You need those two bits of evidence put together and then the testimony makes sense. Otherwise, empty tomb? Somebody has taken the body. That’s what Mary Magdalene thought. Appearances? “Oh, yeah, we know about those. Just go and check in the tomb. You will find there’s still a body there.” But if there isn’t, then we are into something different. So that’s why that evidence is so important.
It seems like these appearances meant something to the apostles themselves. Paul reminded people in his letters that at the time of his writing there were people still living who had seen Jesus after his resurrection.
Exactly. At the beginning of the 15th chapter of Paul’s First Letter to Corinth, he mentions the people to whom the risen Jesus appeared. To Peter and to the rest of the apostles, and various others. And then he says that Jesus appeared to 500 people all at once. And most of them are still alive. The implication strongly being: “You go and ask them. You find out what they saw.” In other words, they can’t all be just making it up or all be deluded.
We have evidence of other revolutionary or messianic movements whose founder or leader was killed by the authorities. In such cases, either the movement died out or they got another leader. The central and undisputed leader of the early Jerusalem Christians was James, known widely as the brother of Jesus. Josephus, a first-century Jewish historian who was in Jerusalem at the time when James was killed in the early 60s, refers to James as “the brother of the so-called Messiah,” i.e. Jesus. But nobody ever suggested that James was the Messiah. Had Jesus stayed dead, this makes no sense. An executed Messiah is a failed Messiah.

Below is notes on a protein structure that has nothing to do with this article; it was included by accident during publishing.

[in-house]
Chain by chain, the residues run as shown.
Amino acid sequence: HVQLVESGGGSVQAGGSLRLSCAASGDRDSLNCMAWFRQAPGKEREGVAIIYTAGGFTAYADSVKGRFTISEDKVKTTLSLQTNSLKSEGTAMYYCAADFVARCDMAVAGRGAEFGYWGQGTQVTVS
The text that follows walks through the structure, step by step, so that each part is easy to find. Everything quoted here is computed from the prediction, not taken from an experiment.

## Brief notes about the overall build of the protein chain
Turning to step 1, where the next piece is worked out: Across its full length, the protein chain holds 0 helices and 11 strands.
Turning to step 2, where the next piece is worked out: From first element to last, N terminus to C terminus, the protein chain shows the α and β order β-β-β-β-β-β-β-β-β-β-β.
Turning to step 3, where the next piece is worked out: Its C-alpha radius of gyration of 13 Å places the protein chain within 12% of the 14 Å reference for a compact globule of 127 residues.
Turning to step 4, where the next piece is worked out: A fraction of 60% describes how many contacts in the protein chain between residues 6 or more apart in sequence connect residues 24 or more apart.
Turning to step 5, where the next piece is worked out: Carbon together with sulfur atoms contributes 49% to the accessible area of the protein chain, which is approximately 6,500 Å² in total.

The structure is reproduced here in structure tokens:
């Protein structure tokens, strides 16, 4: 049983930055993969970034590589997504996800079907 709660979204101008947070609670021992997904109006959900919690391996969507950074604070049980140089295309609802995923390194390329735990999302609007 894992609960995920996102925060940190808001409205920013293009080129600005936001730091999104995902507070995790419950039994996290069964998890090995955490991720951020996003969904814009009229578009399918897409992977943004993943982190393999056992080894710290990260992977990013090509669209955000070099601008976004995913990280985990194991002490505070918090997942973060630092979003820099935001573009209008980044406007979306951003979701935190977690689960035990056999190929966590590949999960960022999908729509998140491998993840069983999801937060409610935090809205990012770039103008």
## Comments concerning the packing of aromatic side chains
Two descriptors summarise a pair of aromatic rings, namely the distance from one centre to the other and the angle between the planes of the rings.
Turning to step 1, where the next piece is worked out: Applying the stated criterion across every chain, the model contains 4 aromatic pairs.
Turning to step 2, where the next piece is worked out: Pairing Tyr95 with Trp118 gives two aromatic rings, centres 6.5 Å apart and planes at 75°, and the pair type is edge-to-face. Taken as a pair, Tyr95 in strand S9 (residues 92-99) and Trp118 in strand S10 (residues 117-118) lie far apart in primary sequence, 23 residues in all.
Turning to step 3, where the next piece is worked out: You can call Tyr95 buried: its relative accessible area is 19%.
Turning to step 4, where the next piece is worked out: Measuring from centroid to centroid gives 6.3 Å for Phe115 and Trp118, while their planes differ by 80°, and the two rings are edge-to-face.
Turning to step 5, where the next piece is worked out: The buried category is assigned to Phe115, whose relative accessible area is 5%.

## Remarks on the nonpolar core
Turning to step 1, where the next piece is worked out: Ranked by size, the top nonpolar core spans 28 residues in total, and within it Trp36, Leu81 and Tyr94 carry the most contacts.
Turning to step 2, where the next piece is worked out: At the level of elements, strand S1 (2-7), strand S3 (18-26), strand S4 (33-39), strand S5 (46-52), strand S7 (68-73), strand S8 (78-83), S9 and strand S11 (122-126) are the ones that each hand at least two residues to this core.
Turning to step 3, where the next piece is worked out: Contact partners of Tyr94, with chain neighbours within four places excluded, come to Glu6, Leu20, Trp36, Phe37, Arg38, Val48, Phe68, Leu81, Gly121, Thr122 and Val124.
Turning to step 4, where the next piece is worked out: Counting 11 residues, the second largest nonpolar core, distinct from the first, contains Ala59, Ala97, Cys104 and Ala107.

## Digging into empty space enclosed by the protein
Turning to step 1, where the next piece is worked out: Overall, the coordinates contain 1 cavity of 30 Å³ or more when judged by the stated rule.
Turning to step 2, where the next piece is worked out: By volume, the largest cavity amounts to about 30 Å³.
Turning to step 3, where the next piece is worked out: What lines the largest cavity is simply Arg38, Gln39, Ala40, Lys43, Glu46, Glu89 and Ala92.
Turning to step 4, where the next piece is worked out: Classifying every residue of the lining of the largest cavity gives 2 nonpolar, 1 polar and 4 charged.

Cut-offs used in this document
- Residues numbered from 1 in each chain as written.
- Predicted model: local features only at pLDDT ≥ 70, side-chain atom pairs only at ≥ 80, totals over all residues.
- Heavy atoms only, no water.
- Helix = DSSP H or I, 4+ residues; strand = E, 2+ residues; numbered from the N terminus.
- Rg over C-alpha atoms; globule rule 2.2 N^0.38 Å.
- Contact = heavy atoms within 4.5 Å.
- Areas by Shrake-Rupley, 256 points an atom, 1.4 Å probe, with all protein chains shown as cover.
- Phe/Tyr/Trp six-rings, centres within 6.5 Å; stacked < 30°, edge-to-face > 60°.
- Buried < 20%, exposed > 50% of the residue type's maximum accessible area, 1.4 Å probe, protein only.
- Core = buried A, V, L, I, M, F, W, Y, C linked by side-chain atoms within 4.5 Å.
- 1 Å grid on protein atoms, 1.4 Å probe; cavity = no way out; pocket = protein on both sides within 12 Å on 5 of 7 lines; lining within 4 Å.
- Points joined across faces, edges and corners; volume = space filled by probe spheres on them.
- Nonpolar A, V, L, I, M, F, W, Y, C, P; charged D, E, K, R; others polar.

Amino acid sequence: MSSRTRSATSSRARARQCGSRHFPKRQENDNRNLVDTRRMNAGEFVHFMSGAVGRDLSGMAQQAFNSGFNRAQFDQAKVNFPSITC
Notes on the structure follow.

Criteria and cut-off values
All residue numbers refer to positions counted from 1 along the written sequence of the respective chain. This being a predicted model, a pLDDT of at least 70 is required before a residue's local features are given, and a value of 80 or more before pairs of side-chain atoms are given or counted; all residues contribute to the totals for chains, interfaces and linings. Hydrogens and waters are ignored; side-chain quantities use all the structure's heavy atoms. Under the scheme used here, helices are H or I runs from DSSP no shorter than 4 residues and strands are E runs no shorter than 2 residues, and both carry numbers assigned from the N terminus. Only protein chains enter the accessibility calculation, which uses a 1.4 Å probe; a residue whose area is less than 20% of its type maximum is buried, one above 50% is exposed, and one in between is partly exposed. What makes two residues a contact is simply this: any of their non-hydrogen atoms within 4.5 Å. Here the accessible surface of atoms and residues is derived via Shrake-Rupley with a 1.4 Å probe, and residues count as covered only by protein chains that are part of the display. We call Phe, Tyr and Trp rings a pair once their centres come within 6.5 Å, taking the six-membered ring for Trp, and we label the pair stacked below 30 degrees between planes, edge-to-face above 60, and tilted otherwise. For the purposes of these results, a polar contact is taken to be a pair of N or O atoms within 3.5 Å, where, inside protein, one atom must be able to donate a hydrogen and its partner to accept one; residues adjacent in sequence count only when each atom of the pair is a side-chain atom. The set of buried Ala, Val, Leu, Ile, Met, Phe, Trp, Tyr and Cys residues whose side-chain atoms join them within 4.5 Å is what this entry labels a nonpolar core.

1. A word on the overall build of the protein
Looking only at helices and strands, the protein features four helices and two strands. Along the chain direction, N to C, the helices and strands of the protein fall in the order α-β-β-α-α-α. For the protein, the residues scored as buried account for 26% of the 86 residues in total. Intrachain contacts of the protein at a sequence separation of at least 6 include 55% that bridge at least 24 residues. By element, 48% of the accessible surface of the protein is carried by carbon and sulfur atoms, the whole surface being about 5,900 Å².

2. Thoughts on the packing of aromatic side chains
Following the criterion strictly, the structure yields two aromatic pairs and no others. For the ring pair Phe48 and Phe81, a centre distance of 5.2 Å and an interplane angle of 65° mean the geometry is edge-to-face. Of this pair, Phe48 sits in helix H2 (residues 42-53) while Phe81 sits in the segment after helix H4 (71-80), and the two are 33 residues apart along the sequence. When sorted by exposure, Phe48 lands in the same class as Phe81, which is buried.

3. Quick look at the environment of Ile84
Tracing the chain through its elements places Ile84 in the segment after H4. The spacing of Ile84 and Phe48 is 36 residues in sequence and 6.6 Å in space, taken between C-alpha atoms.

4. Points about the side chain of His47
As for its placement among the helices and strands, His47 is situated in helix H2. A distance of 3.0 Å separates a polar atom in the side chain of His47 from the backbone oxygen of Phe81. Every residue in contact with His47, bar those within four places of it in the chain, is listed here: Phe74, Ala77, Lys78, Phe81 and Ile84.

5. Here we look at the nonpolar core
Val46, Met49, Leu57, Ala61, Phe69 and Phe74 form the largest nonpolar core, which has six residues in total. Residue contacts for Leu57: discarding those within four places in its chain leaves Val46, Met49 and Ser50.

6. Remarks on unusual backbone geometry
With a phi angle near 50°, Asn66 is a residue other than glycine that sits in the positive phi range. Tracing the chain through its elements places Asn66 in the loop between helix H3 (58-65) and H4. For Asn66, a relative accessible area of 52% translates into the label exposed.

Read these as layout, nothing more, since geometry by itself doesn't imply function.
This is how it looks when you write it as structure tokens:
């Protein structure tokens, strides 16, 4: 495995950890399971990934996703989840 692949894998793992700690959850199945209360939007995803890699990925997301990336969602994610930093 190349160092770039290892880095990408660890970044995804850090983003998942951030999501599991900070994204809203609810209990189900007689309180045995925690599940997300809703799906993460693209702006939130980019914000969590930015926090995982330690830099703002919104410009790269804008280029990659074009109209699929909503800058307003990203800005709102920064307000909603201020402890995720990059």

Was there a time that you didn’t believe the resurrection occurred? Was there a moment for you or a series of moments over time that tethered you to belief?
I think until I was probably in my middle or late teens, I’d assumed that resurrection was more like a kind of Platonic “going to heaven” hope, souls going to heaven, and that Jesus had to be raised from the dead in order to lead the way to heaven or something like that.
When I was a student studying ancient history in Oxford I read C.S. Lewis’s book “Miracles.” Lewis is very good on the appearances of the risen Jesus and how the people who first saw Jesus did not immediately recognize him. He was definitely embodied but his body seemed to be different. The way they cash that out is that he’s gone through death and out the other side, beyond the reach of pain, corruption, decay or death itself.
That did not comport with the sermons I was hearing in churches, which were more or less, like the hymn says, “You asked me how I know he lives. He lives within my heart.” I realized that actually, that’s not good enough. The gift of the Holy Spirit is the presence of Jesus within your heart. But the truth of the resurrection is a truth about something that actually happened in history.
Let’s say that what the Gospels claim is true: Jesus is risen. It seems that the world keeps going and there’s still oppression, suffering and grief. There’s still death. So what difference does it make that Jesus is raised from the dead?